11 December 2023
From The Vaults
As you enter the World Rugby Museum, on your right there is a quote attributed to Lord Ferrier, in a speech he gave to the House of Lords in 1969:
'…Rugby football, this superb game which, if not actually a religion is, to many at least, a way of life…'
Of course rugby is not actually a religion but it does have at least one religious monument and that is located in Kyoto, Japan. The Shimogamo Shrine is a designated UNESCO World Heritage Site that dates from the 6th Century. It is described in the Japanese origin myth as the final resting place of Yatagarasu, the three legged crow, who guided Japan's first Emperor to his place of residence at Yamato.
Today Shimogamo is a significant Shinto sanctuary that contains one of the most unusual subsidiary shrines in all of Japan, a Shinto shrine dedicated solely to rugby union. The reason for this divine tribute to the sport lies in an event that took place in 1910. Having formed a rugby team in 1899, Keio University set about spreading the gospel and arrived in the Kansai region to educate their contemporaries at Kyoto University. Unable to find a suitable field the students took a ball down to the Shimogamo Shrine and embarked on the first rugby game to be played by Japanese natives in all Kansai. Years later, in remembrance of their act, the former students returned and unveiled an engraved boulder that recorded their deed. More recently local resident Demi Sakata has led a campaign to develop the site into a permanent sub-shrine, or Sawatasha. Sakata is well known in the rugby world as the winger who put four tries past the New Zealand u23 side in 1968. The rugby shrine features a non-traditional Shinto bell in the shape of a rugby ball and visitors are permitted to write and hang wishes on rugby-ball shaped wooden plaques known as Ema. The site has become popular with young rugby players and fans who wish to confer luck on their team.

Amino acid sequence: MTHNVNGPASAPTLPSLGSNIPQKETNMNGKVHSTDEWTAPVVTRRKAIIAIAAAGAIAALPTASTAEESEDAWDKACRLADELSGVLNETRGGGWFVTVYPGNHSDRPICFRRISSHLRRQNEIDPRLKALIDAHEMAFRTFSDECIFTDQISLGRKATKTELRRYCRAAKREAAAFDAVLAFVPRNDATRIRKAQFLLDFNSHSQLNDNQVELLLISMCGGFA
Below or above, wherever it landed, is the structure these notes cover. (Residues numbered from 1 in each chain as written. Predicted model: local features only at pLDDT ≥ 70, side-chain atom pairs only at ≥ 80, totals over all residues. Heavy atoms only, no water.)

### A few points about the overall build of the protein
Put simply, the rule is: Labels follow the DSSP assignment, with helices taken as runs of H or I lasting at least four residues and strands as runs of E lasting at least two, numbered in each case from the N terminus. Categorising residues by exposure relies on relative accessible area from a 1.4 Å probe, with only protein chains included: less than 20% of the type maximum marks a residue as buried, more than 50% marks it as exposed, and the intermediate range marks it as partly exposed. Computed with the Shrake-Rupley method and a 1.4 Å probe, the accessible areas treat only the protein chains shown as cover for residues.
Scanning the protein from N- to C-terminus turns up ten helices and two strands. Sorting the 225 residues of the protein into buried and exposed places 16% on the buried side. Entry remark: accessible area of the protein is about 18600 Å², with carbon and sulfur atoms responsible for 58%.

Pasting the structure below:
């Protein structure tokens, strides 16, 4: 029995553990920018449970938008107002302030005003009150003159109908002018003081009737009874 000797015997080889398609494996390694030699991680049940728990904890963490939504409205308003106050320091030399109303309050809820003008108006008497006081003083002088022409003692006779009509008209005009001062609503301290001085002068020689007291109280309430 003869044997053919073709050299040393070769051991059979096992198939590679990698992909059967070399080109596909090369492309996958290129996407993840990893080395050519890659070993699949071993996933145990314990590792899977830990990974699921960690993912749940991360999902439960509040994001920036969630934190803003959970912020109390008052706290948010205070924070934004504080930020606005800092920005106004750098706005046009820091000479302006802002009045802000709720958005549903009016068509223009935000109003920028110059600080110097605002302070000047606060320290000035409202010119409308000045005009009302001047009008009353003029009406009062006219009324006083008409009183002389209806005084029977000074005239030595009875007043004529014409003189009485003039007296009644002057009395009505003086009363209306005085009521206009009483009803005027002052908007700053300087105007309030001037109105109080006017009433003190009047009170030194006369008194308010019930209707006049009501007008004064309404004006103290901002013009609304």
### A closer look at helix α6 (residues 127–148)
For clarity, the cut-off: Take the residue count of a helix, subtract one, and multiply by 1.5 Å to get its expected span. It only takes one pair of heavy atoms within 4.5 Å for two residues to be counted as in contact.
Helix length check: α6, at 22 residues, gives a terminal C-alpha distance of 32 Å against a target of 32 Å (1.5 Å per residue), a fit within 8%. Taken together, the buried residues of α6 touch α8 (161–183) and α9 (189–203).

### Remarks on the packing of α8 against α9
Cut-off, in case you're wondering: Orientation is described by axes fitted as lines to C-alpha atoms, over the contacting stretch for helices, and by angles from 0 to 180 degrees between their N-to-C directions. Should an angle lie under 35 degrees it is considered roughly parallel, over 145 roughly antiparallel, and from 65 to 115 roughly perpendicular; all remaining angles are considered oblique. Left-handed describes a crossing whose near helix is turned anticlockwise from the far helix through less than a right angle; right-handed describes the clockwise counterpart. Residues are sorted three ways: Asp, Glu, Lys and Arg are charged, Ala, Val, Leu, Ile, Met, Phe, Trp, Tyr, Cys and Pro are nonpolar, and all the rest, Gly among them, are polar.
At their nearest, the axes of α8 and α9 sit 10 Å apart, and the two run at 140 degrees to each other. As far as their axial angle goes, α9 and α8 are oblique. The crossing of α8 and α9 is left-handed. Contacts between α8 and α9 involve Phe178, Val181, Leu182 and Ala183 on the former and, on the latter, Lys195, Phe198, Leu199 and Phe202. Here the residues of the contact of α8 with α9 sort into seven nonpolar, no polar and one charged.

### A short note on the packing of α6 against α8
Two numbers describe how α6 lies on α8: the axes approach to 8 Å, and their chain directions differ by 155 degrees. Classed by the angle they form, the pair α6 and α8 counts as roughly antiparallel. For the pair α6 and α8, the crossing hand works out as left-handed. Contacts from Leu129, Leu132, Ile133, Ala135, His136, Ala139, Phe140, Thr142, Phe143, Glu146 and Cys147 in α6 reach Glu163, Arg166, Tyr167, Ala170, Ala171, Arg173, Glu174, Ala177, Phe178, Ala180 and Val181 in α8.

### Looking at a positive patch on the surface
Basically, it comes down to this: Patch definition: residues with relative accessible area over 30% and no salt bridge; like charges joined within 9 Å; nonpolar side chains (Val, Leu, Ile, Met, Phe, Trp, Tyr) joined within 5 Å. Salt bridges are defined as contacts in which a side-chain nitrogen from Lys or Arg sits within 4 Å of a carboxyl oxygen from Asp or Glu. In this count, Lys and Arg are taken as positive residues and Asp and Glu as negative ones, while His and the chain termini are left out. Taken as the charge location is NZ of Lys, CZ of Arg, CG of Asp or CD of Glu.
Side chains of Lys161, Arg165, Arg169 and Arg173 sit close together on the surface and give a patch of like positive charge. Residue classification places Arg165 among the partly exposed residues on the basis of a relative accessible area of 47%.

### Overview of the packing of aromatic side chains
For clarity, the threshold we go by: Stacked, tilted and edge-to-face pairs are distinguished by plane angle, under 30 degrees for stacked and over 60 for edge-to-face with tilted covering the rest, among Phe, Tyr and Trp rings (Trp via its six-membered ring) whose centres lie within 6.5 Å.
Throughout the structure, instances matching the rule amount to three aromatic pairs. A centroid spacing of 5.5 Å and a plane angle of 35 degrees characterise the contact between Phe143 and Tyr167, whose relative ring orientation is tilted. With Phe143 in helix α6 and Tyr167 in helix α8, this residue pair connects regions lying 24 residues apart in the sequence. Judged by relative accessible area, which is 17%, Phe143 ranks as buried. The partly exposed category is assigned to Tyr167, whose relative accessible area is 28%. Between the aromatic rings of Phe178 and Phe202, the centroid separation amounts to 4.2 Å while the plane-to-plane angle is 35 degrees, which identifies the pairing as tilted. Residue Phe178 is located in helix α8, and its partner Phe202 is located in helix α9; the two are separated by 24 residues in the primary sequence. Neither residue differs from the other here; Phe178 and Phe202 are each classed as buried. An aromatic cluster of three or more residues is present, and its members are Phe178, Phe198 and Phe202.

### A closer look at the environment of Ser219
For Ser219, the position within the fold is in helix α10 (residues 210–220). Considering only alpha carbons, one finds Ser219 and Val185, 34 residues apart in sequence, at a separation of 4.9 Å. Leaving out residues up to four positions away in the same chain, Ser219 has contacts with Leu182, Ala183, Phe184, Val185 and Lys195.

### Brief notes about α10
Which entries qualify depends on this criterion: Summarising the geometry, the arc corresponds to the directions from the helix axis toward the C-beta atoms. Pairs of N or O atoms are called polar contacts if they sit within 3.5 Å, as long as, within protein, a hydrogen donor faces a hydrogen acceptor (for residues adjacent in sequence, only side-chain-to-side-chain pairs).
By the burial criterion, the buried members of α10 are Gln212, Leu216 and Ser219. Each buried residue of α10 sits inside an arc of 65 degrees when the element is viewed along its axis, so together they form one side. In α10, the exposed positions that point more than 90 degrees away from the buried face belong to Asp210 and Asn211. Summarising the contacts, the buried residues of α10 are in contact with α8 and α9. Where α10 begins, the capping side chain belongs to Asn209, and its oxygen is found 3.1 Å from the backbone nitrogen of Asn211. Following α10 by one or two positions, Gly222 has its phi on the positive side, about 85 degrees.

In 2017 the Shimogamo Shrine was the site of the official draw for the Japan 2019 Rugby World Cup. As the Rugby World Cup descends on Japan, the shrine will be busy with visitors. Non-denominational fans from around the world will be welcomed, and those who want their teams to have a successful tournament might be wise to pay a visit to this unique destination, steeped in culture, myth and a love of rugby.
About the Author - Phil McGowan is Curator at the World Rugby Museum. He has published several books about rugby and Twickenham, which are available to purchase on Amazon.
23 October 2023